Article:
The dependence of the sizes of first image portion 132 and second image portion 134 on the position of fiducial 102 is shown schematically in ventral views (seen from “beneath”, from the perspective of fiducial 102) 116, 118 and 120 in FIGS. 7A-7C respectively. In FIG. 7A fiducial 102 is located along the axis of fiducial imager 100, which is coincident with the direction of line 128 that indicates the direction of reflected light from fiducial 102. First image portion 132 and second image portion 134 are equal. In FIG. 7B fiducial 102 is shown displaced far to the right of the axis of fiducial imager 100 and first image portion 132 is much larger than second image portion 134. In FIG. 7C fiducial 102 is shown displaced far to the left of the axis of fiducial imager 102 and second image portion 134 is much larger than first image portion 132.

FIG. 8 shows an OPM 138, in accordance with a preferred embodiment of the present invention, that comprises a plurality of fiducial imagers 100 shown in FIGS. 7A-7C. Fiducial imagers 100 are fixed with respect to each other by an appropriate mechanical structure (not shown) in a collinear line array 140 having an axis 142. Line array 140 is mounted over a needle bed (not shown) of a knitting machine (not shown) in which a plurality of latch needles 104 are placed. Each latch needle 104 has a fiducial 102. Axis 142 of line array 140 is preferably parallel to the surface of the needle bed and perpendicular to latch needles 104 (and thereby perpendicular to the directions of motion of latch needles 104). Dividing lines 122 (not shown) of light sensitive surfaces 110 of fiducial imagers 100 are preferably parallel to axis 142. Each of fiducial imagers 100 in line array 140 is aligned over a different one of latch needles 104 and is used to measure the position of latch needle 104 over which it is aligned.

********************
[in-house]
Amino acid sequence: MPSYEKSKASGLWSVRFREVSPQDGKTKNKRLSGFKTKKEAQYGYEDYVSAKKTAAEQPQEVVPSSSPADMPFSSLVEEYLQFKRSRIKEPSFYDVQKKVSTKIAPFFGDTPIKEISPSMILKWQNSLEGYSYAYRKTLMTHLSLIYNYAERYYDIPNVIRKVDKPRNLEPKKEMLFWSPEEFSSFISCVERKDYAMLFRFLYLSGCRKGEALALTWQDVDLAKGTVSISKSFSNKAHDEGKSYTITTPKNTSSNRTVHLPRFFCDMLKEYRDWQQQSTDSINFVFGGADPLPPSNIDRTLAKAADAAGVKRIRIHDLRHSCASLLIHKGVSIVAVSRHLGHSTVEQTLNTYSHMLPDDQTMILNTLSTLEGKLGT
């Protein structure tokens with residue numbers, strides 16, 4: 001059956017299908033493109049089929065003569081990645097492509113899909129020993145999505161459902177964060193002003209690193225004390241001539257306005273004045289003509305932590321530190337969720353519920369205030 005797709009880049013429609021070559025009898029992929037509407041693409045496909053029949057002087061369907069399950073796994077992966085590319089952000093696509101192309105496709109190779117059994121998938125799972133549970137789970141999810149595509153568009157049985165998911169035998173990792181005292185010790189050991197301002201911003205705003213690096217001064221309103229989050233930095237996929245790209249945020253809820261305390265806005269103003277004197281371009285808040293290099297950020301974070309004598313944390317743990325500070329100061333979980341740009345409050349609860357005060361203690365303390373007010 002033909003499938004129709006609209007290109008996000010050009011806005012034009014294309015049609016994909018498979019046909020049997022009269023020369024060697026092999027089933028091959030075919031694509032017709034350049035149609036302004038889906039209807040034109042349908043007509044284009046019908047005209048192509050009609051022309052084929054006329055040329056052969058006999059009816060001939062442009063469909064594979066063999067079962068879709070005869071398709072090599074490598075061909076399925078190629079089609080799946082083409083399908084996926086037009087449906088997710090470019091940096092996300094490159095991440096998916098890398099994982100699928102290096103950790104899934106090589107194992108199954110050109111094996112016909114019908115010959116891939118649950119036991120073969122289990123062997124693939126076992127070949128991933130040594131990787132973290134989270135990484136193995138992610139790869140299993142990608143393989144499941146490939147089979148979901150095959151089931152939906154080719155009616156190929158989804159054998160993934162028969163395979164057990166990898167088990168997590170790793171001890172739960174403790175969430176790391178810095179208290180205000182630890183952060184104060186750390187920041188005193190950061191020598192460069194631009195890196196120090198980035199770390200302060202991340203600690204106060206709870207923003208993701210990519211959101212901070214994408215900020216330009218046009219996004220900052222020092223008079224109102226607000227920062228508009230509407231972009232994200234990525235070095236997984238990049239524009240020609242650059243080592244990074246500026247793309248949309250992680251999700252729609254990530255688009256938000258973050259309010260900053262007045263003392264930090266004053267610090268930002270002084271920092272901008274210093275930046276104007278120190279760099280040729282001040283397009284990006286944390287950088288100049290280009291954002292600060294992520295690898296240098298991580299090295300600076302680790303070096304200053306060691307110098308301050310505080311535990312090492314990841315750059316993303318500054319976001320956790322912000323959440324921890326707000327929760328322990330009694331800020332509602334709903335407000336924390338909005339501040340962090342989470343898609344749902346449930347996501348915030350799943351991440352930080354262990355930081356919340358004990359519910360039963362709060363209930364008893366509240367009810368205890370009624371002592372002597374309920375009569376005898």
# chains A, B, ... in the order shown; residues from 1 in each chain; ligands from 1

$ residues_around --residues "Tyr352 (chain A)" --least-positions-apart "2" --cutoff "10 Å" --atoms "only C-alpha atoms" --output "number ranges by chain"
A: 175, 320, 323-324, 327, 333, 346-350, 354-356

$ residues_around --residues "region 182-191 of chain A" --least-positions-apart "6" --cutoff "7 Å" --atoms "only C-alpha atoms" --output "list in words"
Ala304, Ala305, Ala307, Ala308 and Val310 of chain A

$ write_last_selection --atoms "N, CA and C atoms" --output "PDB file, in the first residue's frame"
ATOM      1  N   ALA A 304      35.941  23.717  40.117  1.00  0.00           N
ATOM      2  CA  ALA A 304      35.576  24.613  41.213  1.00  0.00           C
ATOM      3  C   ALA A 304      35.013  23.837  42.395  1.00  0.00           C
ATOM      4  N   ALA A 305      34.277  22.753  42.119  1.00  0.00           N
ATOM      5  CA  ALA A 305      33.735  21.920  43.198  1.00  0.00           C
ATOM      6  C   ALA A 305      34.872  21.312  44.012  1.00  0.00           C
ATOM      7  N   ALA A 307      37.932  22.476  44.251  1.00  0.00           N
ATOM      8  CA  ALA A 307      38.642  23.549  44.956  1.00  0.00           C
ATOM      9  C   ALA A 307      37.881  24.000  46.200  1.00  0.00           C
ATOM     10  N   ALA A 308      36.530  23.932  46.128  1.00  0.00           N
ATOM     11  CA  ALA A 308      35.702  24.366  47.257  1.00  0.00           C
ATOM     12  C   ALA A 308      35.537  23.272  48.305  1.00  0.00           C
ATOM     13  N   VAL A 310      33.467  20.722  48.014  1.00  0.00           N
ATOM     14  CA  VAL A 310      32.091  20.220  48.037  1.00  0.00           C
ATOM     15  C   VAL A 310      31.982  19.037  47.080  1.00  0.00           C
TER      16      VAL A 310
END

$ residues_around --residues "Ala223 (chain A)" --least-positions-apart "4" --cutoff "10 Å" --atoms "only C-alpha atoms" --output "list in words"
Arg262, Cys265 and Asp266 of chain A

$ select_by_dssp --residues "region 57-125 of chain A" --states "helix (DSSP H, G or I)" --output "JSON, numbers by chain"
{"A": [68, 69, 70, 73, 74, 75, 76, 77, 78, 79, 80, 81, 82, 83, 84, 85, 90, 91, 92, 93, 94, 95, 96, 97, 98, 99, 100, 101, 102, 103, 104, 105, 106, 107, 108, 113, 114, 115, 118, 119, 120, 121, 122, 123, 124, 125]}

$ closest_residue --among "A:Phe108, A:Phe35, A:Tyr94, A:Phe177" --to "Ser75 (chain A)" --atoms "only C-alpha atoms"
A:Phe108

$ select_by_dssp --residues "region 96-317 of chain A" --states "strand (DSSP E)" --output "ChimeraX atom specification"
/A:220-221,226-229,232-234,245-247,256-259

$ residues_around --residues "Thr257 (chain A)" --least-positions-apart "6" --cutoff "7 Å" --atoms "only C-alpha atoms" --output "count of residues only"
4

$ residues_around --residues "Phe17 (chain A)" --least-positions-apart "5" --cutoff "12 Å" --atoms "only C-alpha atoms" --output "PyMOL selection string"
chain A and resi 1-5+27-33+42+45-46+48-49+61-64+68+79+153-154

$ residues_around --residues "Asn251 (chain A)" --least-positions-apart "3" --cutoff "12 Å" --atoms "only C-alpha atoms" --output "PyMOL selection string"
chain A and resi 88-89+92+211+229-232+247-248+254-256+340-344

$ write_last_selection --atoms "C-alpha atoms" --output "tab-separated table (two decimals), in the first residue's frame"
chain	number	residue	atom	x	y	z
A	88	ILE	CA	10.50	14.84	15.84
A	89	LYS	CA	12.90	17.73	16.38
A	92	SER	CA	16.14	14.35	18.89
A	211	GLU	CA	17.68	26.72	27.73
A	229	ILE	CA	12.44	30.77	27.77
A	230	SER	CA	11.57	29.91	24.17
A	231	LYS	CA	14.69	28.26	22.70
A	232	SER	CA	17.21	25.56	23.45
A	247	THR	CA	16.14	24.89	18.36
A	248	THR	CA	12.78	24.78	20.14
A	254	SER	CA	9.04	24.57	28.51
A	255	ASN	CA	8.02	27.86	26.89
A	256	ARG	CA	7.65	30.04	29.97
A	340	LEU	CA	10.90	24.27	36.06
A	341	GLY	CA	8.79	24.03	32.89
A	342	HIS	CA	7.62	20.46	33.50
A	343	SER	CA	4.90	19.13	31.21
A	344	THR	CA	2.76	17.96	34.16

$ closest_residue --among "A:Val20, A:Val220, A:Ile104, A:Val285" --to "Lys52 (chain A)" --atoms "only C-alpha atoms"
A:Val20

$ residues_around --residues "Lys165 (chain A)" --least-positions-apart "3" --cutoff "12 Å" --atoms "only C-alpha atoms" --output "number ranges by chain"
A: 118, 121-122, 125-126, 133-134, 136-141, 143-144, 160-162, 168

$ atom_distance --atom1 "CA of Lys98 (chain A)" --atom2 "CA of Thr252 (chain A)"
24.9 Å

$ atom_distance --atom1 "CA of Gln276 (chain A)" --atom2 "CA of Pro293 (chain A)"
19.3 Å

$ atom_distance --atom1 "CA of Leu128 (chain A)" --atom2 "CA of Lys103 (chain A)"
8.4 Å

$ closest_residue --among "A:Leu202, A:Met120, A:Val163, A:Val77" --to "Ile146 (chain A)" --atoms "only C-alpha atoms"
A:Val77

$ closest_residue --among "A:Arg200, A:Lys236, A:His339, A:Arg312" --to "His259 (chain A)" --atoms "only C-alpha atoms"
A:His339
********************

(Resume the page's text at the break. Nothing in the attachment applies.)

In OPM 138, each fiducial 102 is illuminated with light from a fiducial illuminator 101 and reflects some of this light into the fiducial imager 100 that is aligned over and images the fiducial 102. A central ray of light from each fiducial 102 reflected into the fiducial imager 100 that images the fiducial 102 is indicated by a dotted line 128. Each dotted line 128 starts at a fiducial 102, and ends on the image 130 of the fiducial 102 in the fiducial imager 100 that is used to measure the position of fiducial 102. The positions of the first and second leftmost latch needles 104 and their fiducials 102 in FIG. 8 correspond to the positions of latch needles 104 and fiducials 102 shown in FIGS. 7C and 7A respectively. The positions of the rest of latch needles 104 shown in FIG. 8 correspond to the position of latch needle 104 shown in FIG. 7B.